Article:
Round and round
COMMENT: The circular economy is firmly on the agenda of the European Commission right now - it was in the final throes of agreeing seemingly contentious new waste and recycling laws at the time of writing, writes Carly Fields.
As a result of their deliberations, the phrase circular economy is being excessively kicked around in Europe and its potential for ports has come to the fore once more.
At its simplest, it’s the antithesis of the traditional linear economy that we are used to – and ports thrive on – of make, use, dispose. Instead, the aim of a circular economy is to extract as much value as possible from a resource and then at the end of its life, recover and regenerate products and materials from that resource for re-use.
Discussions about the circular economy and a port’s evolving role in such a closed loop process have been taking place for a number of years, but few ports have really grasped the implications and the possibilities of circular economy thinking.
A port authority’s role in this can be multi-faceted: supporting facilities for recycling of plastics; converting waste to fuel or chemicals; bio-diesel production; waste management; and re/upcycling, among others.
A focus on the circular economy is nothing new for the Dutch: both Rotterdam and Amsterdam have been beating the circular economy drum for at least the past three years. Of course, their stance is made easier with a government that has set a target of shifting to a circular system by 2050. Rotterdam sees the port as an ideal location for developing the circular economy, “since all facilities required for the industry of a circular economy are present”.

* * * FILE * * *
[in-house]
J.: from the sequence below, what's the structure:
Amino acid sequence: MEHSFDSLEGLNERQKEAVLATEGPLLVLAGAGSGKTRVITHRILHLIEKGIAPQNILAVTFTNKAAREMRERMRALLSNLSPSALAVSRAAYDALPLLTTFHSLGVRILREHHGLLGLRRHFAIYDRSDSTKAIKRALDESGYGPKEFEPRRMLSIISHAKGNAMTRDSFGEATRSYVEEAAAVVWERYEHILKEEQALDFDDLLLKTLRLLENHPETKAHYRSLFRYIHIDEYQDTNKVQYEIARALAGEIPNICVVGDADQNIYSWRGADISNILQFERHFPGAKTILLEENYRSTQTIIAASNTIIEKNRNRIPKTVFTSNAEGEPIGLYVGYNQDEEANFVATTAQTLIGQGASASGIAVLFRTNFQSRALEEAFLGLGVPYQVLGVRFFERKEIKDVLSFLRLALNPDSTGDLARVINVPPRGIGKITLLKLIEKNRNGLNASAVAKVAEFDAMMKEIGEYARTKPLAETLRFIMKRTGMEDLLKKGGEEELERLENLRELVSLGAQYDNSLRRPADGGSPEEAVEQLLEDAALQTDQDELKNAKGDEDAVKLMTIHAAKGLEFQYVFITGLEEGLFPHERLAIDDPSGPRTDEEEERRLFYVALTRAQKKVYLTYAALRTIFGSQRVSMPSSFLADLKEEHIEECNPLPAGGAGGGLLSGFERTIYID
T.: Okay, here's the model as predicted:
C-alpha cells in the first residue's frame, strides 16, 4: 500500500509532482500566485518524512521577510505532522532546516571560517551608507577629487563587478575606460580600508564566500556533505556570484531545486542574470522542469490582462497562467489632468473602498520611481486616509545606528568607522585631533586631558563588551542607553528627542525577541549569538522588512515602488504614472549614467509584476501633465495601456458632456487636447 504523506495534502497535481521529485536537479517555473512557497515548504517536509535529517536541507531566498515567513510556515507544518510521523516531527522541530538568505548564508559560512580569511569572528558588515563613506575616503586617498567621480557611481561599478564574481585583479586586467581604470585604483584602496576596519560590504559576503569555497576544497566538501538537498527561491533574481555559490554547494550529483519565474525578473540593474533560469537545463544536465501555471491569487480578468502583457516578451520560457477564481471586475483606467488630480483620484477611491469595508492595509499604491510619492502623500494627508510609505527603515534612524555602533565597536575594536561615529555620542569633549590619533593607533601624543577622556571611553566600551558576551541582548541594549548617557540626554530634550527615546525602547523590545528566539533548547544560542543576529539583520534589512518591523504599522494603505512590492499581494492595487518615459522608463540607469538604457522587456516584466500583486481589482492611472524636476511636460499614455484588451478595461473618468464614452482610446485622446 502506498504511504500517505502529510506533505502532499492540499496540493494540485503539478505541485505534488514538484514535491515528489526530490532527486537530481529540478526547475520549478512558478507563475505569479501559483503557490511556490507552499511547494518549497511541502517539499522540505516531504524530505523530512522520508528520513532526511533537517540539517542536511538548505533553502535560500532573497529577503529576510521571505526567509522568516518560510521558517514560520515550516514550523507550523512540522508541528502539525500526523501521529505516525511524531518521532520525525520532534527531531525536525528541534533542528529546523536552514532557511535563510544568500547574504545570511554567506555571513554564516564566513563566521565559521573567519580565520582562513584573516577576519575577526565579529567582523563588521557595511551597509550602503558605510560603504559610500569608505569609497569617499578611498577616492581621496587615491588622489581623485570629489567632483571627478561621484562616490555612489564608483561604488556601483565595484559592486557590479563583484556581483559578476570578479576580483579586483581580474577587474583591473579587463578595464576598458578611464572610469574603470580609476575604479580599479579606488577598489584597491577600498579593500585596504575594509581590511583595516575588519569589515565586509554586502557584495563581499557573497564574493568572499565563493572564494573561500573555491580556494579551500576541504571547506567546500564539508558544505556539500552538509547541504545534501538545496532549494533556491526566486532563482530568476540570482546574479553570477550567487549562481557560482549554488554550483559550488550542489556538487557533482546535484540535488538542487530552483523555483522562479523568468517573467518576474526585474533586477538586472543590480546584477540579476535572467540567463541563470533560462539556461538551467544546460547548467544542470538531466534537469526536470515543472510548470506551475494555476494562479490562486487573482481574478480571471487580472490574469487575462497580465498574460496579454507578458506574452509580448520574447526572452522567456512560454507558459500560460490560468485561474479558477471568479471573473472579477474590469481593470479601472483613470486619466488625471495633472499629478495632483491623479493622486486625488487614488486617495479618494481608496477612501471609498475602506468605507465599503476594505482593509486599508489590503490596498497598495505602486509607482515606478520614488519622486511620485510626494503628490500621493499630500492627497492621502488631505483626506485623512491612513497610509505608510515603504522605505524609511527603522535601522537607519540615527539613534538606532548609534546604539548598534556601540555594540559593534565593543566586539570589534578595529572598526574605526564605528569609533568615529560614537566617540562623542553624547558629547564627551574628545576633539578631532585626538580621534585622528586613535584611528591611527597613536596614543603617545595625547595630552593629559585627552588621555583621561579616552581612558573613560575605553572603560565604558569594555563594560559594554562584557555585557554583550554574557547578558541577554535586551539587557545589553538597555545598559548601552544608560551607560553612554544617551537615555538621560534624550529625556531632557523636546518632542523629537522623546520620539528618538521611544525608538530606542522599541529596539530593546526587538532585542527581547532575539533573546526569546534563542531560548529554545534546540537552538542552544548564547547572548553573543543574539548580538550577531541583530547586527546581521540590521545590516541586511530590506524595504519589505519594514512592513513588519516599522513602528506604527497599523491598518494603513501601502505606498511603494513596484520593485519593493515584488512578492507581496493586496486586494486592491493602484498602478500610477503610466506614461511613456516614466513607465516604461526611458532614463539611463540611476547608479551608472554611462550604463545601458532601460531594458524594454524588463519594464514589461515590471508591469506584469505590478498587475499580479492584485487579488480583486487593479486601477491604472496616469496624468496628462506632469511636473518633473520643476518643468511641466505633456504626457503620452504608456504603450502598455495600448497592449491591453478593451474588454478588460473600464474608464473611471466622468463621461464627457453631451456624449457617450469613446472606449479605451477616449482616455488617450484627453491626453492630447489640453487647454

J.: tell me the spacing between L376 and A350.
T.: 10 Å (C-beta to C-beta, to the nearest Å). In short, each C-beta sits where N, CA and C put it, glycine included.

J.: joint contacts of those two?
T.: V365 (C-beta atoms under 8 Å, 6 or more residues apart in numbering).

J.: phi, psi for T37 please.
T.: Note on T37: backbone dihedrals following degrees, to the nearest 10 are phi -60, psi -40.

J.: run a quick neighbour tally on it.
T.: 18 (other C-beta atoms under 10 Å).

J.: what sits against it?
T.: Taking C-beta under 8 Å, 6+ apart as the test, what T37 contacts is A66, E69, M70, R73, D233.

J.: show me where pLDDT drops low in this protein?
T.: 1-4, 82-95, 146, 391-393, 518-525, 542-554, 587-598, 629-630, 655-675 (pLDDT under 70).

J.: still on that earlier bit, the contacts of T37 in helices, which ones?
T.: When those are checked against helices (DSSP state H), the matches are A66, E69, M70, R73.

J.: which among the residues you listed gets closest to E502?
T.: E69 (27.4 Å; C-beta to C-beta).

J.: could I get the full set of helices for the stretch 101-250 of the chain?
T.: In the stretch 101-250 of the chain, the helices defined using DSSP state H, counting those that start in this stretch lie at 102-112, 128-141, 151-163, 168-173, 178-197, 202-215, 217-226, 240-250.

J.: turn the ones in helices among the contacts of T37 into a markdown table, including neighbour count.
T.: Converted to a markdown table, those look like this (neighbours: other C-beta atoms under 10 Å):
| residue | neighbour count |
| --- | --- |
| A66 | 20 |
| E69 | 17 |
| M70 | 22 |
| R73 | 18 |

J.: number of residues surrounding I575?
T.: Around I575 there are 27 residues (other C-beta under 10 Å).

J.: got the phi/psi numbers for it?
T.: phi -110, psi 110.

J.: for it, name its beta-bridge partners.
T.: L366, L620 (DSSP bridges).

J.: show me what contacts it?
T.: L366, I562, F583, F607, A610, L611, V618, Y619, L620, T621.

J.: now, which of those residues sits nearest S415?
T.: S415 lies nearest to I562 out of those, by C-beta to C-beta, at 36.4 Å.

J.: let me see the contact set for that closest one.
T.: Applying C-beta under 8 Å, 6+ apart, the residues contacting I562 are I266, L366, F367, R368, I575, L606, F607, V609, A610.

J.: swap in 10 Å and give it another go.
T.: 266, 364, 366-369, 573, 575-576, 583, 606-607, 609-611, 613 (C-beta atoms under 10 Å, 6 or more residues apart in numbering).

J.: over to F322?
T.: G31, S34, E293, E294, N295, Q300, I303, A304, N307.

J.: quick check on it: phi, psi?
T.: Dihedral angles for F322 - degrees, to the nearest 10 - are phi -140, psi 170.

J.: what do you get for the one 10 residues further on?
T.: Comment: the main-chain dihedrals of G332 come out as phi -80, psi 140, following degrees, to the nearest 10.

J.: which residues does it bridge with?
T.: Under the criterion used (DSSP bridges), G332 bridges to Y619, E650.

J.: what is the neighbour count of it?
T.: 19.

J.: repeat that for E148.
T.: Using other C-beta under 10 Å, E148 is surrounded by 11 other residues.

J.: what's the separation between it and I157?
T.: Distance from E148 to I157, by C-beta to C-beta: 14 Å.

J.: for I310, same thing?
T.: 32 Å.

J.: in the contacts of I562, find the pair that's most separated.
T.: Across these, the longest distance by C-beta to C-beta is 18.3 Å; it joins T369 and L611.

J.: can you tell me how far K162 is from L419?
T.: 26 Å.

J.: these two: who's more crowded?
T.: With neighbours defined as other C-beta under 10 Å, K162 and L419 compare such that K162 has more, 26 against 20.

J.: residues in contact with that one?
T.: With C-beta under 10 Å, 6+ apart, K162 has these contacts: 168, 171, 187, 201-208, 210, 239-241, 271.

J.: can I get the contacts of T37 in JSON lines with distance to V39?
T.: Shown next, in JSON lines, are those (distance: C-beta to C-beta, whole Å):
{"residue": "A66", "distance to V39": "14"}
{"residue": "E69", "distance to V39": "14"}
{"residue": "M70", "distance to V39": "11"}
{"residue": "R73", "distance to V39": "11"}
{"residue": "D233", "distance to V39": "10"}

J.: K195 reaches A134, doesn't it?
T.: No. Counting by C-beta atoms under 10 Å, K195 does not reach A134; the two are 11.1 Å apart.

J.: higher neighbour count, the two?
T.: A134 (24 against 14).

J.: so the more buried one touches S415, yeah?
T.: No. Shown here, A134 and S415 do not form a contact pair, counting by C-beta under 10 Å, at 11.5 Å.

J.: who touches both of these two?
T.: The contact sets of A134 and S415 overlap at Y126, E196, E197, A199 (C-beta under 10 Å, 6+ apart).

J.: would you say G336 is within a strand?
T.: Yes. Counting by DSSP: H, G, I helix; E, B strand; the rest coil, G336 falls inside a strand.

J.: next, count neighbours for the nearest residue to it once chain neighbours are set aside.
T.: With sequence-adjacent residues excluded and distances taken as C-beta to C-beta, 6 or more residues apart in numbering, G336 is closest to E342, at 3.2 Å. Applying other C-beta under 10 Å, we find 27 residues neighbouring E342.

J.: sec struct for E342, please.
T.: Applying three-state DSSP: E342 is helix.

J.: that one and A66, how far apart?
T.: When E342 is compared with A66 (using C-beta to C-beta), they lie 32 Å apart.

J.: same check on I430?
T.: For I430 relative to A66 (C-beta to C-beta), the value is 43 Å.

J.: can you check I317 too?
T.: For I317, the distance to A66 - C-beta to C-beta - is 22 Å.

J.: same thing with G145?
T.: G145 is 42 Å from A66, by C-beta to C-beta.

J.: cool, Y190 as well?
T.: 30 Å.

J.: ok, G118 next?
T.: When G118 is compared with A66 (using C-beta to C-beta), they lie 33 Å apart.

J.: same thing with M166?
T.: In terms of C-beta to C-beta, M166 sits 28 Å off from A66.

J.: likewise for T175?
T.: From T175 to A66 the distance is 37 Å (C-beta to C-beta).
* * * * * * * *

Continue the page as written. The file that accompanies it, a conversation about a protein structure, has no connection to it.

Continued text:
Antwerp is also a keen advocate and has in the past targeted tenants that will bolster its circular economy goals.
Much can be learnt from these circular economy pioneers, and they are open to knowledge sharing. The World Economic Forum in its seminal ‘Towards the circular economy’ report says that success in a circular economy will ultimately rest of collaboration across different stakeholders, industries and geographies.
Those ports that have already embraced the skills needed for playing host to the circular economy see the bigger picture: if circular economies are being encouraged at a governmental and inter-governmental level then a reduction in imports of raw materials is inevitable, as less and less virgin resources are needed to make new products. For ports, this policy shift should ring warning bells, especially if much of your business models is based on raw material imports. Getting intimately involved in the alternative, circular economy simply makes business sense.
Outside the port world, Japan is, I understand, committed to making the 2020 Olympics the circular economy games, with medals produced from recycled electronic devices donated by the public. Connecting the public to these aims is genius; could ports get the public involved in their circular economy aims and in doing so raise the profile of the port? Donate old tablets to make a quay crane; get rid of rubble to infill the next berth expansion – if you get the marketing right, you could bolster your circular economy aims and bring the general public along for the ride. What’s not to (re) love?
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